The enrollment is significant in part because individual health plans need enough customers for their risk pools, paying claims of sick patients and leaving enough to turn a profit and invest in product offerings. Bigger carriers including Anthem, Aetna and UnitedHealth Group scaled back their Obamacare offerings for 2018 after being unable to manage the rising costs of sick patients purchasing coverage.

The Cleveland Clinic-Oscar Health partnership is being watched closely as providers take on more financial risk in forming closer ties with insurance companies. CVS Health and Aetna are expected to offer more co-branded health plans once their deal closes later this year while Blue Cross and Blue Shield plans are also offering an increasing number of plans branded with providers in local markets.

Cleveland Clinic and Oscar describe their partnership as “a true 50/50 profit sharing of premium revenue.” Though early in their first year of operation, executives said one out of three Oscar health plan members have “already chosen a Cleveland Clinic primary care physician through Oscar health’s onboarding platform online.”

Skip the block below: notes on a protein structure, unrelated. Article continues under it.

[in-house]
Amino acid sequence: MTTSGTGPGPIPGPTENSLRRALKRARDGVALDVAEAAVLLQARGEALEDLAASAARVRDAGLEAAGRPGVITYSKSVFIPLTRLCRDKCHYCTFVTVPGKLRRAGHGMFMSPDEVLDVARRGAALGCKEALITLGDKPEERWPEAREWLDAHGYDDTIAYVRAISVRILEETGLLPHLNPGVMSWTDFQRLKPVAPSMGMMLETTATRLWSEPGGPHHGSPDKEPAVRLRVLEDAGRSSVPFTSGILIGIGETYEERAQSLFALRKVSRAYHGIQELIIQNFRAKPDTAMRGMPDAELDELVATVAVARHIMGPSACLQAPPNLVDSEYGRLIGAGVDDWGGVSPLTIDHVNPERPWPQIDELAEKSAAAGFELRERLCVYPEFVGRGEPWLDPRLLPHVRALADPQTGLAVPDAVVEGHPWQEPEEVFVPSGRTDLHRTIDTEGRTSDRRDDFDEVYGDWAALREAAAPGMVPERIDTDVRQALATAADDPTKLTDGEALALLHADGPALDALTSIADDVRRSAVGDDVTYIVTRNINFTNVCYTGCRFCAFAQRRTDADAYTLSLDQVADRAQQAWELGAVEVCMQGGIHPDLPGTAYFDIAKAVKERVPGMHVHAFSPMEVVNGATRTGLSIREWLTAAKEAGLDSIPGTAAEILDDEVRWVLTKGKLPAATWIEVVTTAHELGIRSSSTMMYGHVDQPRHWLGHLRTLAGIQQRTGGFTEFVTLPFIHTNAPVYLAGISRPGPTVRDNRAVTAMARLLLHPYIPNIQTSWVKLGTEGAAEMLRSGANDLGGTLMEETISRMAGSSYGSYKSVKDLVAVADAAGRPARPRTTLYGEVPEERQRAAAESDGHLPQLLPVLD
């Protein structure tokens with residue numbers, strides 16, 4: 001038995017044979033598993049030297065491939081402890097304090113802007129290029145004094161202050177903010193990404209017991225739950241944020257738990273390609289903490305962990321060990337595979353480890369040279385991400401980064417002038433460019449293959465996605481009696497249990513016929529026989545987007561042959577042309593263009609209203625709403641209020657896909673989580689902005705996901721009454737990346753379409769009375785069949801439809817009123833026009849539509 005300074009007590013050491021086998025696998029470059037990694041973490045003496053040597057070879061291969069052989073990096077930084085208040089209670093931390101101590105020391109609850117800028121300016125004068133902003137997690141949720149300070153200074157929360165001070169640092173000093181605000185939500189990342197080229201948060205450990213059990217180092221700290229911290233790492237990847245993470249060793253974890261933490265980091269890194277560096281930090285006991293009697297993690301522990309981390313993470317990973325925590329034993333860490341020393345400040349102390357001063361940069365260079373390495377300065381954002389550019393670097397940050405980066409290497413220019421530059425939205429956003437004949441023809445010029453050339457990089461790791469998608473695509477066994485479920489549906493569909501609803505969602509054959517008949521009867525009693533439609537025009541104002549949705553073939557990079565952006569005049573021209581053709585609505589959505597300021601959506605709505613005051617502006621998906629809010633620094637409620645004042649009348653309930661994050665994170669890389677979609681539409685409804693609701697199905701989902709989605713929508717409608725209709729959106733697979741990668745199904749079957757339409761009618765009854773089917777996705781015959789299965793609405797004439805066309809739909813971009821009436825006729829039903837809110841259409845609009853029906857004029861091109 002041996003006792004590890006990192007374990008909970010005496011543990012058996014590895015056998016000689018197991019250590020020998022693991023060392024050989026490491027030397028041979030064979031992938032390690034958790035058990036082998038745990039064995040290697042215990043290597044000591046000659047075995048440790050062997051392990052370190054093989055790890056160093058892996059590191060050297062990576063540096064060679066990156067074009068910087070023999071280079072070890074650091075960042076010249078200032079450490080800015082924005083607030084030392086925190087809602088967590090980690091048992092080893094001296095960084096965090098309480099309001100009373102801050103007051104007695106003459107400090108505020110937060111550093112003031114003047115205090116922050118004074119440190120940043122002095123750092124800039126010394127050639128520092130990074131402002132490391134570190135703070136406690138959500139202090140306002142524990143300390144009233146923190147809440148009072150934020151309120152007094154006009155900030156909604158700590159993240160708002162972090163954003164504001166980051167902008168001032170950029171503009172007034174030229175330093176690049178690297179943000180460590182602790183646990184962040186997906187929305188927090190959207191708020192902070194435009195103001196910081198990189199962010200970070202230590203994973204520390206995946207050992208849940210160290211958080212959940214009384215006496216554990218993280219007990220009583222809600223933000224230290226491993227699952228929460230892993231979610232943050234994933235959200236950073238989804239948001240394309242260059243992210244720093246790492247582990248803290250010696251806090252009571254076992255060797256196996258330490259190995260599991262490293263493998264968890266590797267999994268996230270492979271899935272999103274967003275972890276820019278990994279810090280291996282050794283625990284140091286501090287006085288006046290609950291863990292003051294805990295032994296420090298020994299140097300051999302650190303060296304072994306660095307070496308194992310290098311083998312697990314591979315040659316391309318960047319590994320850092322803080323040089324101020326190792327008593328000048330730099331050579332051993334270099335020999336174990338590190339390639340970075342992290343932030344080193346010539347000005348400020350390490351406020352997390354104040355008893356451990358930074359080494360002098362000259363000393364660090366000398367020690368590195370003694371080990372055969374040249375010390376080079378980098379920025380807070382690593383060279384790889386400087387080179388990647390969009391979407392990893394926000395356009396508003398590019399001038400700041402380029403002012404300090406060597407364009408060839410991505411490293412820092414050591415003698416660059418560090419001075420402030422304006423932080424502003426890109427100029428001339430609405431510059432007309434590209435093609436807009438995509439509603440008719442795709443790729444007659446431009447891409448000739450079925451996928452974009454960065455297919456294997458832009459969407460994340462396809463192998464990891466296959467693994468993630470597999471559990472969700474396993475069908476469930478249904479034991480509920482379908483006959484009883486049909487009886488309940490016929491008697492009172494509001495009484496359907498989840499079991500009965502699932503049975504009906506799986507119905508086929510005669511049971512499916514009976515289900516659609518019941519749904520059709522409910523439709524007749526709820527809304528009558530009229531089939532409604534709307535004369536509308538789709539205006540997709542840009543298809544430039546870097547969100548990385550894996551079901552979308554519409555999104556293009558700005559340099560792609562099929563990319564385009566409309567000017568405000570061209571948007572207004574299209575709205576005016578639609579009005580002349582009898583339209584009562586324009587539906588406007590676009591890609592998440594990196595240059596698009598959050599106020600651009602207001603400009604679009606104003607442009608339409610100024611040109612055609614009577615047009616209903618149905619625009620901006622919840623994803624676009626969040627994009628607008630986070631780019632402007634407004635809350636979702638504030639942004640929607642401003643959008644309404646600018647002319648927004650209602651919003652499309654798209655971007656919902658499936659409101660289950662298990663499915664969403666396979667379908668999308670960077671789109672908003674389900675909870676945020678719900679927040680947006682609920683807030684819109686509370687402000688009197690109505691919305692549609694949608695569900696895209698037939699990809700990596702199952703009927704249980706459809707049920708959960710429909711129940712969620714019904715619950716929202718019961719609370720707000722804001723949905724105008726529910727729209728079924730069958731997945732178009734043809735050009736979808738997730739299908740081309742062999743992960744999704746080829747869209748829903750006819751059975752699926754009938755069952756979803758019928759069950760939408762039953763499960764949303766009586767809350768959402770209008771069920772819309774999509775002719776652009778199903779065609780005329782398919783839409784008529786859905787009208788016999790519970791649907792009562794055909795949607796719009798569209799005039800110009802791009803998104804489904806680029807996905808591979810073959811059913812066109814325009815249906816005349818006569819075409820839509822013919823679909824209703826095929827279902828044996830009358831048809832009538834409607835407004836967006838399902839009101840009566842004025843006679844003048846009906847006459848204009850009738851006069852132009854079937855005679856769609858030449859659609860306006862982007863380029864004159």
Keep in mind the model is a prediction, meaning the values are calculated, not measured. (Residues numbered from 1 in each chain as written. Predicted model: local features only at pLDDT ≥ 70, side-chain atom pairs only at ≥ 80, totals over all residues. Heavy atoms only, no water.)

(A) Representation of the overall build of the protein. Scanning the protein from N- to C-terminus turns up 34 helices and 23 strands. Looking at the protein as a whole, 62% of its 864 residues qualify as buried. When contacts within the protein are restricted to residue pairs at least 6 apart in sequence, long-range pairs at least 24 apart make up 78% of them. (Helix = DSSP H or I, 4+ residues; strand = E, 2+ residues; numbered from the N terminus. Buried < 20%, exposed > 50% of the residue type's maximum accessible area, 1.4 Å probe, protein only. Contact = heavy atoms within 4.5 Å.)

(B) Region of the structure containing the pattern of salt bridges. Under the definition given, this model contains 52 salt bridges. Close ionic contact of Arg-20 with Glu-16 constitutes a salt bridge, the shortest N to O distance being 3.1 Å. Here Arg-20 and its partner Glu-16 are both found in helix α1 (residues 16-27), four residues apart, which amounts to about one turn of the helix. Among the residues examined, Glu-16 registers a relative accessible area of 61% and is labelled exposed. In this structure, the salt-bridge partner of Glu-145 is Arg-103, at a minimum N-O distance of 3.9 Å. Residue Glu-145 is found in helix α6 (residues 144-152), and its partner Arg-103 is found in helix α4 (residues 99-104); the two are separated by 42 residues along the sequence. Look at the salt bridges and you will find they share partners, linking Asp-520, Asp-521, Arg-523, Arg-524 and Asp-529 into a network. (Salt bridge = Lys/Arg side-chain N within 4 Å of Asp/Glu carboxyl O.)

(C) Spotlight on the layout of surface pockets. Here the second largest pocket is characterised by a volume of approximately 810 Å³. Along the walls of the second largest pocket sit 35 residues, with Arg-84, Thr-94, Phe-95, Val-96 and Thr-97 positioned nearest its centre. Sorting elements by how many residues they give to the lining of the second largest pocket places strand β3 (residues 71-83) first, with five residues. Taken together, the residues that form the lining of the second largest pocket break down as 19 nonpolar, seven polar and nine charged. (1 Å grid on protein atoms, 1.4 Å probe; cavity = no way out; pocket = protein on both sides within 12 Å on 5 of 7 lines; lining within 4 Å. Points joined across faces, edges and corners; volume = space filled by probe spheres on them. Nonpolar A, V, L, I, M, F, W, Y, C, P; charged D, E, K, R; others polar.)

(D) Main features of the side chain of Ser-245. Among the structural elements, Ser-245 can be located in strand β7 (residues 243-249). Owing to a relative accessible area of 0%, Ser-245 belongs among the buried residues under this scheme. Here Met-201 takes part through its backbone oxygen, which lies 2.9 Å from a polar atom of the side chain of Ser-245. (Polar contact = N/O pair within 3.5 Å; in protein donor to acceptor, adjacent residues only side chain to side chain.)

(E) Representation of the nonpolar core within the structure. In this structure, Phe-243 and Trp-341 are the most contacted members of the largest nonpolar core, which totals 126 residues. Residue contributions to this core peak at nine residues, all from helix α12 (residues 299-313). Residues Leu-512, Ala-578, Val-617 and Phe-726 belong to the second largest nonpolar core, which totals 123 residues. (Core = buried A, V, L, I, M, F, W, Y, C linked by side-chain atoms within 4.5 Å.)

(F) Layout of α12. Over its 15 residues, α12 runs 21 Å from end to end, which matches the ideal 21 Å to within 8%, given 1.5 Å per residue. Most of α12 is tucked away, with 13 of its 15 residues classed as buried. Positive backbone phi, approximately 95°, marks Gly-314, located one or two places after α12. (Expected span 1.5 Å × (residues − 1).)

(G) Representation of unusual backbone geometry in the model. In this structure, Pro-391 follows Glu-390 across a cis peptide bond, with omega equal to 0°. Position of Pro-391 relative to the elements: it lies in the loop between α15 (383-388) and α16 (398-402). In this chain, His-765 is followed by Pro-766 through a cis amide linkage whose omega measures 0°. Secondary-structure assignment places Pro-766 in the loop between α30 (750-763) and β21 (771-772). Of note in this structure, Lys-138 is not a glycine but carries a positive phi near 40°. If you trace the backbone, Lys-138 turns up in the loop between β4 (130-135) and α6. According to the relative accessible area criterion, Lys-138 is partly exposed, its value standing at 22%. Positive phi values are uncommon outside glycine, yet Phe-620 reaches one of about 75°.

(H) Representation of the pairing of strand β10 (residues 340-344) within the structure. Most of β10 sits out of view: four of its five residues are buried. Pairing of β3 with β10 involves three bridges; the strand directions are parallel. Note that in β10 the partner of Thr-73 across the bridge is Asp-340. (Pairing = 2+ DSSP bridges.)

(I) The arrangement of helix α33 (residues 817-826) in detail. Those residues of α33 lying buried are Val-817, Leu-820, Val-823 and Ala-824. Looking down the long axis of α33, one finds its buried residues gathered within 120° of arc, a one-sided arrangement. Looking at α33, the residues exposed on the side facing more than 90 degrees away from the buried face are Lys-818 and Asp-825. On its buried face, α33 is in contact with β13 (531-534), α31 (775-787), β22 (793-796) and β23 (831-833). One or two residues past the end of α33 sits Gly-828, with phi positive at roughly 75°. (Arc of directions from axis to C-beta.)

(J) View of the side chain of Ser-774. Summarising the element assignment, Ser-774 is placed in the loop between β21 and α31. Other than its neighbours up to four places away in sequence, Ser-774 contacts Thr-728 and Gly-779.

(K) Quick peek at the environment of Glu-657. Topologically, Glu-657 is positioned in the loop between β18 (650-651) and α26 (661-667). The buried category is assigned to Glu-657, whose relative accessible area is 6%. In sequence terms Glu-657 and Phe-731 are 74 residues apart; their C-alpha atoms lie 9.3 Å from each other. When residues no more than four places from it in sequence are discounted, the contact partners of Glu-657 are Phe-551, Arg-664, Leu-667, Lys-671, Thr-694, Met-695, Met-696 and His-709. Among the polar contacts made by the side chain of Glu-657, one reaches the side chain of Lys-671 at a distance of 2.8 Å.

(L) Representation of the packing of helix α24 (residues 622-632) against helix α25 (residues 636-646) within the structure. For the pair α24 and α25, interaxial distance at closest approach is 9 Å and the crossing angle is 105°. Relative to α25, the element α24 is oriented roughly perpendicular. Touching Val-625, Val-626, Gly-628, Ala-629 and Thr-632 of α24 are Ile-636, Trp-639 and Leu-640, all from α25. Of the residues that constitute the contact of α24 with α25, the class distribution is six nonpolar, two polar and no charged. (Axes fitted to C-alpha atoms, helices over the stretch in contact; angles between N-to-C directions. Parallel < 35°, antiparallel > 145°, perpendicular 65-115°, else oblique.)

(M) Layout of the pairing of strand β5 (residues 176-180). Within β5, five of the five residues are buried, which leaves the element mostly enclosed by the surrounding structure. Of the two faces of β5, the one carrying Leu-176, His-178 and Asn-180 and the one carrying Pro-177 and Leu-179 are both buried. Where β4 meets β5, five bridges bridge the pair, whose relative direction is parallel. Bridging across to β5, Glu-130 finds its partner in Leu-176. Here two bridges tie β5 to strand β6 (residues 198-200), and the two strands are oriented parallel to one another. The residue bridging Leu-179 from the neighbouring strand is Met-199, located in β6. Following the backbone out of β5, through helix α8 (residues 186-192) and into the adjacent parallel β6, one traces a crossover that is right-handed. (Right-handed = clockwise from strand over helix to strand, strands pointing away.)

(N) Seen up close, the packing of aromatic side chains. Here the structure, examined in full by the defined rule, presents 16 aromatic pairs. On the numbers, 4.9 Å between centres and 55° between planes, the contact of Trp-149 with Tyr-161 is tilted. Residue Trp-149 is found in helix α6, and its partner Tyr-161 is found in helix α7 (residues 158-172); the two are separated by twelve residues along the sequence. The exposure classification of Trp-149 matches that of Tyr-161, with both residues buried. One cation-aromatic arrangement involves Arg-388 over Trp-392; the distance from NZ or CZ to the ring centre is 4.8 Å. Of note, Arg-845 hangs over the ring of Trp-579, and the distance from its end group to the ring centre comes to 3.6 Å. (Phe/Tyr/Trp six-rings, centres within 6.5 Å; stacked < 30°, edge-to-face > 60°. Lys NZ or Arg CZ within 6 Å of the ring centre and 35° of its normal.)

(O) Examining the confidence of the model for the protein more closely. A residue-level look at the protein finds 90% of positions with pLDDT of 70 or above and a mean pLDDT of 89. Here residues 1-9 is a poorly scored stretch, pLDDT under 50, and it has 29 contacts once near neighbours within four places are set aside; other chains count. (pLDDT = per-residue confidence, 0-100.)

The Oscar partnership with Cleveland Clinic also shows narrow networks, which limit choices of doctors and hospitals, are key to the future success of ACA-compliant health plans and health insurance generally. A 2016 study by the Blue Cross Blue Shield Association showed more than half of plans on the public exchanges offer narrow networks or exclusive provider arrangements.

Health insurers see a narrow network plan that limits choices as allowing insurers to more closely monitor quality and make sure patients are getting the right care, in the right place and at the right time.